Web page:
Pure Telecom signs €1.75m deal to promote broadband

Separately, 78 jobs are to be created at a new medical device cyber security company

Pure Telecom has agreements with several of the Republic’s major wholesale telecoms providers. Photograph: PA

Irish telecoms provider Pure Telecom has signed a €1.75 million deal with sales agency DSM as it seeks to increase access to broadband across the State with a particular focus on rural Ireland.

The company has more than 45,000 residential customers and plans to more than double that number to 100,000 by the end of 2019. The deal will allow DSM to recruit 15 sales representatives to work on carrying out the task for Pure Telecom.

Pure Telecom has agreements with several of the Republic’s major wholesale telecoms providers, allowing it to bring broadband to residential customers as soon as fibre networks are laid.

As nationwide fibre rollouts continue, Pure Telecom said it required an “increased presence” of sales agents in key locations to help it achieve its growth plan.


All of the DSM positions will be field sales roles and candidates will require “customer-facing experience and a track record in achieving ambitious sales targets”, the company said. The sales representatives will receive ongoing training from DSM.

Pure Telecom chief executive Paul Connell said the deal was part of a “nationwide push” to bring broadband to more people and households in rural Ireland.

“We work very closely with some of Ireland’s major wholesale providers and want to ensure that we are there as soon as the broadband is.

“Part of that means having an increased presence of sales representatives and we are very confident that this deal with DSM will play a significant role in helping us to grow our business and footprint outside of the major cities.”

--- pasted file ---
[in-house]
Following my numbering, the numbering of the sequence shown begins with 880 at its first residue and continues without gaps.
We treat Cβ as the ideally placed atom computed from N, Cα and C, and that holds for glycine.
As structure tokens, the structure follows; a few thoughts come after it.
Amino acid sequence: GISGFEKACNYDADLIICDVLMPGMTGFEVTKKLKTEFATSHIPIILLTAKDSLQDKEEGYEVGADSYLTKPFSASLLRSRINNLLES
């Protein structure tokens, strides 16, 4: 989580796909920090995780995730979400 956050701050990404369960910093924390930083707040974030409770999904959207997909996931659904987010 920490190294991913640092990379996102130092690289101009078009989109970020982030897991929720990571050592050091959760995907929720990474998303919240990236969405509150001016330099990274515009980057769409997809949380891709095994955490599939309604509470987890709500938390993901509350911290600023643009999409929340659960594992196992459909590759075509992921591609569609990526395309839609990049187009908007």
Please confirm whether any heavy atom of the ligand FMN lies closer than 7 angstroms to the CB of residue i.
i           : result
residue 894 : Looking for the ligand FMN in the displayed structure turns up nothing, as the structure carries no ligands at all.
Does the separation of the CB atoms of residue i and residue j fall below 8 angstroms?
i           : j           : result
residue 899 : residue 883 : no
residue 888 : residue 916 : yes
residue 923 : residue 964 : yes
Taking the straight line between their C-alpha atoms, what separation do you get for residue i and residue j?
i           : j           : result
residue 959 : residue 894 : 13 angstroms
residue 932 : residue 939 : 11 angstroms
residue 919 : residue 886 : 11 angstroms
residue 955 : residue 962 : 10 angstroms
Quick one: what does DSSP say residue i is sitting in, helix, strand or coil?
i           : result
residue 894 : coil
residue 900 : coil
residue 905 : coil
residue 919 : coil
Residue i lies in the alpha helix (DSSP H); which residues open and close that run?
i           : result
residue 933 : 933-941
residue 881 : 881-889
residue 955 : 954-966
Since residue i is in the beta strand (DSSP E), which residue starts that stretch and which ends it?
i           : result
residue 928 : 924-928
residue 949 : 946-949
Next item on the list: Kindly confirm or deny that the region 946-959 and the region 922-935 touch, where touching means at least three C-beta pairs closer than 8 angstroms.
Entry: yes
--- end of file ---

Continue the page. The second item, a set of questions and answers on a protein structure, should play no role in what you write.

DSM chief executive Aidan Ryan said broadband across Ireland still had a long way to go, but that the company was looking forward to helping Pure Telecom “roll out the much-needed service across the country”.

New medical device

Separately, 78 jobs are to be created over the next four years at a new medical device cybersecurity company.

Researchers from the Regulated Research Centre at Dundalk Institute of Technology have set up Nova Leah, which has developed a "cybersecurity risk management software application" aimed at medical device manufacturers and healthcare providers.

Nova Leah has just opened an office in Boston to serve the north American market. Initial investors include US venture capital company COSIMO Venture Partners and Enterprise Ireland.

Nova Leah chief executive Anita Finnegan said the recent WannaCry ransomware attack on the UK’s NHS highlighted the importance of cybersecurity in the health sector. “Today’s medical devices incorporate high levels of software and are connected across networks, online or wirelessly,” she said.

“As a result, medical device manufacturers are facing two major challenges: ensuring compliance with stricter regulatory measures and minimising the probability of malicious breaches aimed at medical devices and healthcare IT networks.”

Colin Gleeson

Colin Gleeson

Colin Gleeson is an Irish Times reporter